Current Bitterroot fires rekindle memories of monster blaze
By SHERRY DEVLIN · Of The Missoulian
By summer’s official start, the spine of the Bitterroot Range was afire.

The woods were parched from back-to-back winters of less than the needed snowfall. June’s showers did not come, and the mountains browned early. Crops failed. Creeks ran tepid and low.

  Associated Press photo
  Edward Pulaski saved his fire crew by leading them into a mine tunnel. He continued working for the U.S. Forest Service in Wallace until he retired.

Then the wind started to blow, dry and steady from the southwest. It did not stop until September.

The larger, more remote fires were lightning-caused. Those nearer to town came from campfires and passing trains. Some apparently were set by hoboes hoping for 25-cent-an-hour, three-meal-a-day firefighting wages.

After a late July lightning burst, District Forester W.B. Greeley put his forest supervisors on high alert, “owing to the exceptional climatic conditions which are making the fire danger this season far greater than any ordinary year.”

“Strengthen the patrol,” he commanded. “Retain a strong guard. Keep on hand a strong force of experienced firefighters who can be brought together quickly and relied upon to do good work.”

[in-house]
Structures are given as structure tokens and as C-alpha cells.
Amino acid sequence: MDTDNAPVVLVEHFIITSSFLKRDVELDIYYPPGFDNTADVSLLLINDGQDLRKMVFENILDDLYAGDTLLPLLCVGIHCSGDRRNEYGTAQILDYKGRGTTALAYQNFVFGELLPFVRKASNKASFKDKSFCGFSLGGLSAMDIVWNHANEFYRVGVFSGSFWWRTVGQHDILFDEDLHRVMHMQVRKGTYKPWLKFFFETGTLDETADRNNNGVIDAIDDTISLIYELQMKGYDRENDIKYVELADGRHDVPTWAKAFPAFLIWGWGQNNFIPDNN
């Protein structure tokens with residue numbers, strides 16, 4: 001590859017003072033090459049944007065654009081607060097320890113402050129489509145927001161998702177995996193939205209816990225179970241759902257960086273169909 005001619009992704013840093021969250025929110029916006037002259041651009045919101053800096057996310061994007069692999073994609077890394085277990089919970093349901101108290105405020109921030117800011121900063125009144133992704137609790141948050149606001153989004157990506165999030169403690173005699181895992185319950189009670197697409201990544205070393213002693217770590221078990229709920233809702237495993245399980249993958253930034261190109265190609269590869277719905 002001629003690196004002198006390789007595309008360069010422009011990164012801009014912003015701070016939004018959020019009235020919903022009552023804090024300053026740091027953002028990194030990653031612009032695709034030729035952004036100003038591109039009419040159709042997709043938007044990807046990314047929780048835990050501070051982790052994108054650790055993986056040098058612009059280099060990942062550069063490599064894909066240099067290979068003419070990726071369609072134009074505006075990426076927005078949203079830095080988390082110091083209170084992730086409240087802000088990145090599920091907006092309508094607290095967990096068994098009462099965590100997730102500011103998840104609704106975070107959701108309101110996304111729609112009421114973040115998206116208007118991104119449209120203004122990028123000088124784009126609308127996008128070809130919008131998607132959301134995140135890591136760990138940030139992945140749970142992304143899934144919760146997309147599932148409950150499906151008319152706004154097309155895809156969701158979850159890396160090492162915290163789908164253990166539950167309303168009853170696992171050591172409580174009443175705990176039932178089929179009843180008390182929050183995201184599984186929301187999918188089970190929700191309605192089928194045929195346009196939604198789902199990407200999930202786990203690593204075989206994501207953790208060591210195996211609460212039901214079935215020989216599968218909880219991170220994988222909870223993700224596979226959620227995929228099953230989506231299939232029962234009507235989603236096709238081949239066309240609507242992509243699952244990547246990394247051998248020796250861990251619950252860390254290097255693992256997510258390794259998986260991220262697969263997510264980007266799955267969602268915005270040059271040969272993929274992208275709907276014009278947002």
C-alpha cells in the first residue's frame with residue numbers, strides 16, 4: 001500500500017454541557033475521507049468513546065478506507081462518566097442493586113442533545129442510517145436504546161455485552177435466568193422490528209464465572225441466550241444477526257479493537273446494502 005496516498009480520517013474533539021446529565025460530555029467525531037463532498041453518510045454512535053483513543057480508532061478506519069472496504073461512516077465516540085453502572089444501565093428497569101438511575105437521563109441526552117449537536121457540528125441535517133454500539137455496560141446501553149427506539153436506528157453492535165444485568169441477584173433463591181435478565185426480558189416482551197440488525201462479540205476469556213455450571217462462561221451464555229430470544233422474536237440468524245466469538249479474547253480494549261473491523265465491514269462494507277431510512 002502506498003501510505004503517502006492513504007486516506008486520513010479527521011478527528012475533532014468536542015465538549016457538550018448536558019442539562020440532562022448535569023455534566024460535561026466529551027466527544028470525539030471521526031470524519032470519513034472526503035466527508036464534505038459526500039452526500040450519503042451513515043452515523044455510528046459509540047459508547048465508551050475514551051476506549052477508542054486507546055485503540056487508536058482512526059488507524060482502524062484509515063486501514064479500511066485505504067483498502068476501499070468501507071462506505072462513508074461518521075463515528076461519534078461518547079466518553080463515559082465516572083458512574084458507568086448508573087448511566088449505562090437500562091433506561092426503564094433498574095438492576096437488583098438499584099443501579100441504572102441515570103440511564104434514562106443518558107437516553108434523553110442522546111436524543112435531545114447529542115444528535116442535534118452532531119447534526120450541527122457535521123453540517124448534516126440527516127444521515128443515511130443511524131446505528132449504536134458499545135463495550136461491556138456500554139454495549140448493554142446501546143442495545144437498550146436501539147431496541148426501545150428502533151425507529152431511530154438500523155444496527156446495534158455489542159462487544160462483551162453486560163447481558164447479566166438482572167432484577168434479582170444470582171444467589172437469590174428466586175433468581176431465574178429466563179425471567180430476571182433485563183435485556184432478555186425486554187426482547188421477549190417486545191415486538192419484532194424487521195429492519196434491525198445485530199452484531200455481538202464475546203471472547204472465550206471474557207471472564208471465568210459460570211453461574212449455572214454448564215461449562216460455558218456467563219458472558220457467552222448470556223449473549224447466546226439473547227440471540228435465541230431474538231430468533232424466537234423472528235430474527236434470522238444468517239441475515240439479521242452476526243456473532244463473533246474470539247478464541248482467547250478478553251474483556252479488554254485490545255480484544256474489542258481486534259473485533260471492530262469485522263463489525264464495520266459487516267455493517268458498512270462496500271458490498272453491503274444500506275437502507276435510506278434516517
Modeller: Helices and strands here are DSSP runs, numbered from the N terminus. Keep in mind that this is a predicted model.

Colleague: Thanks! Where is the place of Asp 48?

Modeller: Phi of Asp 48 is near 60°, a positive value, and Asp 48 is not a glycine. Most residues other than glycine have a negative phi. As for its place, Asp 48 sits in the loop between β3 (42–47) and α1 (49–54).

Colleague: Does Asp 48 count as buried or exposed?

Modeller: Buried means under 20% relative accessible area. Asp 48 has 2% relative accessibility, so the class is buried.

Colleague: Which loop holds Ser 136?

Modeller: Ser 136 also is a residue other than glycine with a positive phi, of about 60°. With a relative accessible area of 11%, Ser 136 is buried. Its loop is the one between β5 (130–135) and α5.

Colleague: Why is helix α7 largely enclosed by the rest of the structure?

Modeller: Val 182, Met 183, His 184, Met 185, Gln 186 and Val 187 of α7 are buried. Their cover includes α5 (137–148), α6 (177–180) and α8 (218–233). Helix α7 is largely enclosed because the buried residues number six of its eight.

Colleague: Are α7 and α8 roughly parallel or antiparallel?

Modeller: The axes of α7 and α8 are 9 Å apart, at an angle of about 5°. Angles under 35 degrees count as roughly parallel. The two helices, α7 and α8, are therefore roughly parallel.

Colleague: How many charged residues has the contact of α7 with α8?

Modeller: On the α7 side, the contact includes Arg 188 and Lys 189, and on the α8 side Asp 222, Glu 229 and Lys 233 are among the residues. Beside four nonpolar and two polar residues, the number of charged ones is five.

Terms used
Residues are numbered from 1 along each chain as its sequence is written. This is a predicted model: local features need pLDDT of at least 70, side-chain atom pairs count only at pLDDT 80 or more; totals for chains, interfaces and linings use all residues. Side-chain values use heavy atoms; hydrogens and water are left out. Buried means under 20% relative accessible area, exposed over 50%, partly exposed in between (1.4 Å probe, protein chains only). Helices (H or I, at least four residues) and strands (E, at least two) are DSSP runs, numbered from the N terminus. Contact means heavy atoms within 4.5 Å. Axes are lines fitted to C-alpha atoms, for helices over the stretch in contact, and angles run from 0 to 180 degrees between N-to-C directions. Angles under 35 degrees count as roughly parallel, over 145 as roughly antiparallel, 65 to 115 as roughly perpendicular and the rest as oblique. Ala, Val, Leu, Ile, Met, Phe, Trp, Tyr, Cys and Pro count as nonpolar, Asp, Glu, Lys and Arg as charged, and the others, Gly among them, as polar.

By August, the worry lines were on all faces. Townspeople in Wallace, Idaho, exploded dynamite, believing – or at least hoping – that manmade thunder could inspire rain showers. By the time forest supervisors asked the U.S. Army for soldiers to supplement weary firefighting forces, most parts of Western Montana and north Idaho had just one-half inch of precipitation to report for the year.

Smoke choked the mountain valleys. Taverns from Spokane to Butte surrendered their patrons to fire patrol. And thousands of men marched into the backcountry, on orders to keep the fires in check – if not extinguished. All hoped for an early advent of winter. None imagined what was to come. It was Aug. 20, 1910.

The wind came early that afternoon, a hurricane force that hit Idaho’s Nez Perce National Forest first, meeting and merging with several large fires already burning. Fire lines disintegrated like tissue paper. Darkness fell half a day too soon.